After brief pre-flight introductions last December, the fellow in the middle seat says to me, "So in the radio advertising world you must really like December!" As a listener to radio, that would be a good assumption. But the truth for a business development professional is that December is the shortest month of the year.
Successful local radio business development professionals move on to the next month when there are fewer days remaining in the month than you've already covered in the month. With the Gregorian calendar, the busdevpro switches to grow her last-minute July bookings on June 15. That gives the busdevpro about 21 weekdays each month to work with prospects and sponsors and finalize their schedules when there is still enough time to impact the results of the booking month.
That rule works pretty good for nine months a year--leaving November, December and January as explosive exceptions.
November: Since many businesses and radio stations are closed for the two days around Thanksgiving, you have two fewer days in the month so you start finalizing your December bookings on November 14--a day earlier than usual. Not so bad, but a bit time-constrained.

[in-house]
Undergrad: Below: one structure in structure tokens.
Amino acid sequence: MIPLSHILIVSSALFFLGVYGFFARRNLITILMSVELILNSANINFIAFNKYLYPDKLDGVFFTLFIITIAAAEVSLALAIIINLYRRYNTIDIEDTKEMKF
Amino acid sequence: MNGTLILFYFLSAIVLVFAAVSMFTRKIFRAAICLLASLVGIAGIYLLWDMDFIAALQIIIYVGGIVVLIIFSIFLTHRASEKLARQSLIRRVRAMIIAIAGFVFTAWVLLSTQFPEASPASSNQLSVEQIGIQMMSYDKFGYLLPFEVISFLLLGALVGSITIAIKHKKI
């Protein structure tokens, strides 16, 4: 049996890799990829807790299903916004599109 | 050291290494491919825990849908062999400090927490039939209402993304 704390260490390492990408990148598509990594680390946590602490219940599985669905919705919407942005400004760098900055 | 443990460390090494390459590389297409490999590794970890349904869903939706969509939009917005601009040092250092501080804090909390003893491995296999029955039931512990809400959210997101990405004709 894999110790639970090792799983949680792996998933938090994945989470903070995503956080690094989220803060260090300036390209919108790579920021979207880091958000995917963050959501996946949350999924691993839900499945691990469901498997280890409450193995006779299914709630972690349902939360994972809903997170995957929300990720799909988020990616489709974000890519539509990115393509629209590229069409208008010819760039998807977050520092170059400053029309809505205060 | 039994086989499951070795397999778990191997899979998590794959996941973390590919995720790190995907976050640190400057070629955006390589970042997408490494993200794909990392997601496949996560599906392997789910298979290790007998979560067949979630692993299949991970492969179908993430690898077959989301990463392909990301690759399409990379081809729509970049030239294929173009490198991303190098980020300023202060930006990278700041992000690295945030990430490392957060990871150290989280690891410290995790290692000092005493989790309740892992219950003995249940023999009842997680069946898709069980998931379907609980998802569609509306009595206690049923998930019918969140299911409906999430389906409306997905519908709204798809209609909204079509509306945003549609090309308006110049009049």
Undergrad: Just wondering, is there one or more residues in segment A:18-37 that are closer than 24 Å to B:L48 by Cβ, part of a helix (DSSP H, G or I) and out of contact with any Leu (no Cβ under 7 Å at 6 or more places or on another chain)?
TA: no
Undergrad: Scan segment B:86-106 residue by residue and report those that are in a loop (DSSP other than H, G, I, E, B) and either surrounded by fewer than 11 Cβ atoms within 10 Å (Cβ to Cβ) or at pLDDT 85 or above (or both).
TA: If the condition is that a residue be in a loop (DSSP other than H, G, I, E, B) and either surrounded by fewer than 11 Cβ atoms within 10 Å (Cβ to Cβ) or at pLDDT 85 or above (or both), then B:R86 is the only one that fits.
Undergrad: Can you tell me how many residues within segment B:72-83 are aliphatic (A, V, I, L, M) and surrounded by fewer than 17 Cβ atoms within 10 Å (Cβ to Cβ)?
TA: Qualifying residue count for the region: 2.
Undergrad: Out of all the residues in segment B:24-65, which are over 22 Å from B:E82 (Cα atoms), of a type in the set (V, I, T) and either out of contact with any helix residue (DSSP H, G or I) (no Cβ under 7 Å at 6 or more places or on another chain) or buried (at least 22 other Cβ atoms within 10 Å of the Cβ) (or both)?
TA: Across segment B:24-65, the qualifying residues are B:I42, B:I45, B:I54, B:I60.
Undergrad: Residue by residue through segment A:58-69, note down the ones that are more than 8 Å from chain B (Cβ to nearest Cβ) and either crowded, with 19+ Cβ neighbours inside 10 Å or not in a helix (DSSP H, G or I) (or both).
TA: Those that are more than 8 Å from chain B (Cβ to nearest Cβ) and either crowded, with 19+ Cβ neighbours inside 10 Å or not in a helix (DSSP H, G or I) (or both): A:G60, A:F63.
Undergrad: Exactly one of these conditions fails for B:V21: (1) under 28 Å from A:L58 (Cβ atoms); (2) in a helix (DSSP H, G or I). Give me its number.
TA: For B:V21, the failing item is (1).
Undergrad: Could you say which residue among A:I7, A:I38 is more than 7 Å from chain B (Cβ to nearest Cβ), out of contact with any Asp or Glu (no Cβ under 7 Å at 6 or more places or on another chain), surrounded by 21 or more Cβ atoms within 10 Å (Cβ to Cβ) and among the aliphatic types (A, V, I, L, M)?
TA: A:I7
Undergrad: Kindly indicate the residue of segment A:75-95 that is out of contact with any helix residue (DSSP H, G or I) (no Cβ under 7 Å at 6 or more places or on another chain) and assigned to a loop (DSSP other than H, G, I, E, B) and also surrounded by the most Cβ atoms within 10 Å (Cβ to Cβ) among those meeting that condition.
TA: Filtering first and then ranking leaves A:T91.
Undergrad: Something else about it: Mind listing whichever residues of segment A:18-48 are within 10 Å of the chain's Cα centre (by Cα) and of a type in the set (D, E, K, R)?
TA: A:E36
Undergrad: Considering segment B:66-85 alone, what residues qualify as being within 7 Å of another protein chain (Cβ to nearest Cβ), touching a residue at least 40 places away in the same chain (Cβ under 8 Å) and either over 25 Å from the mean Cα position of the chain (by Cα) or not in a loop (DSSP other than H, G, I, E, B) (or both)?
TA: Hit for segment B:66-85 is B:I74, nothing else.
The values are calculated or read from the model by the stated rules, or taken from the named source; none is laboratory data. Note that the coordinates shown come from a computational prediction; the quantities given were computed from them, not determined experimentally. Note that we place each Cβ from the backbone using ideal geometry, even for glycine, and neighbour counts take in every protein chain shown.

December: The week before Christmas is a mine field for contacting business partners and the week after Christmas is just as big of a time-hazard. That's why busdevpros close out December a full week early--normally by December 8. Combined with the November work plan, December only has 3 weeks, less the two days for Thanksgiving, to make 13 days. Yikes! That's almost 40% less days to work and build December income!
January: Returning to the office after Christmas isn't so easy. Many of our business partners take a couple of days off for the New Year, plus three more days catching up from being out of the office so much. To get back on schedule, we begin finalizing February bookings on January 15, but it shortens January to only 14 business development days. That's one-third less month than normal!
We lose about 16 business development days in November, December and January--which explains one of the reasons why January is a tough month.
What to do?
First, focus on presenting annual schedules to your prospects. When they make a decision in July that keeps bookings going through the holidays without a decision-point, you both win!
A second--but far less preferred--is to book at least a quarter at a time, but try not to make it a calendar quarter, but move it one month back so that, in October, you book November, December and January all at the same time.
The least preferred method is to try to fill your January goal between December 8 and January 15.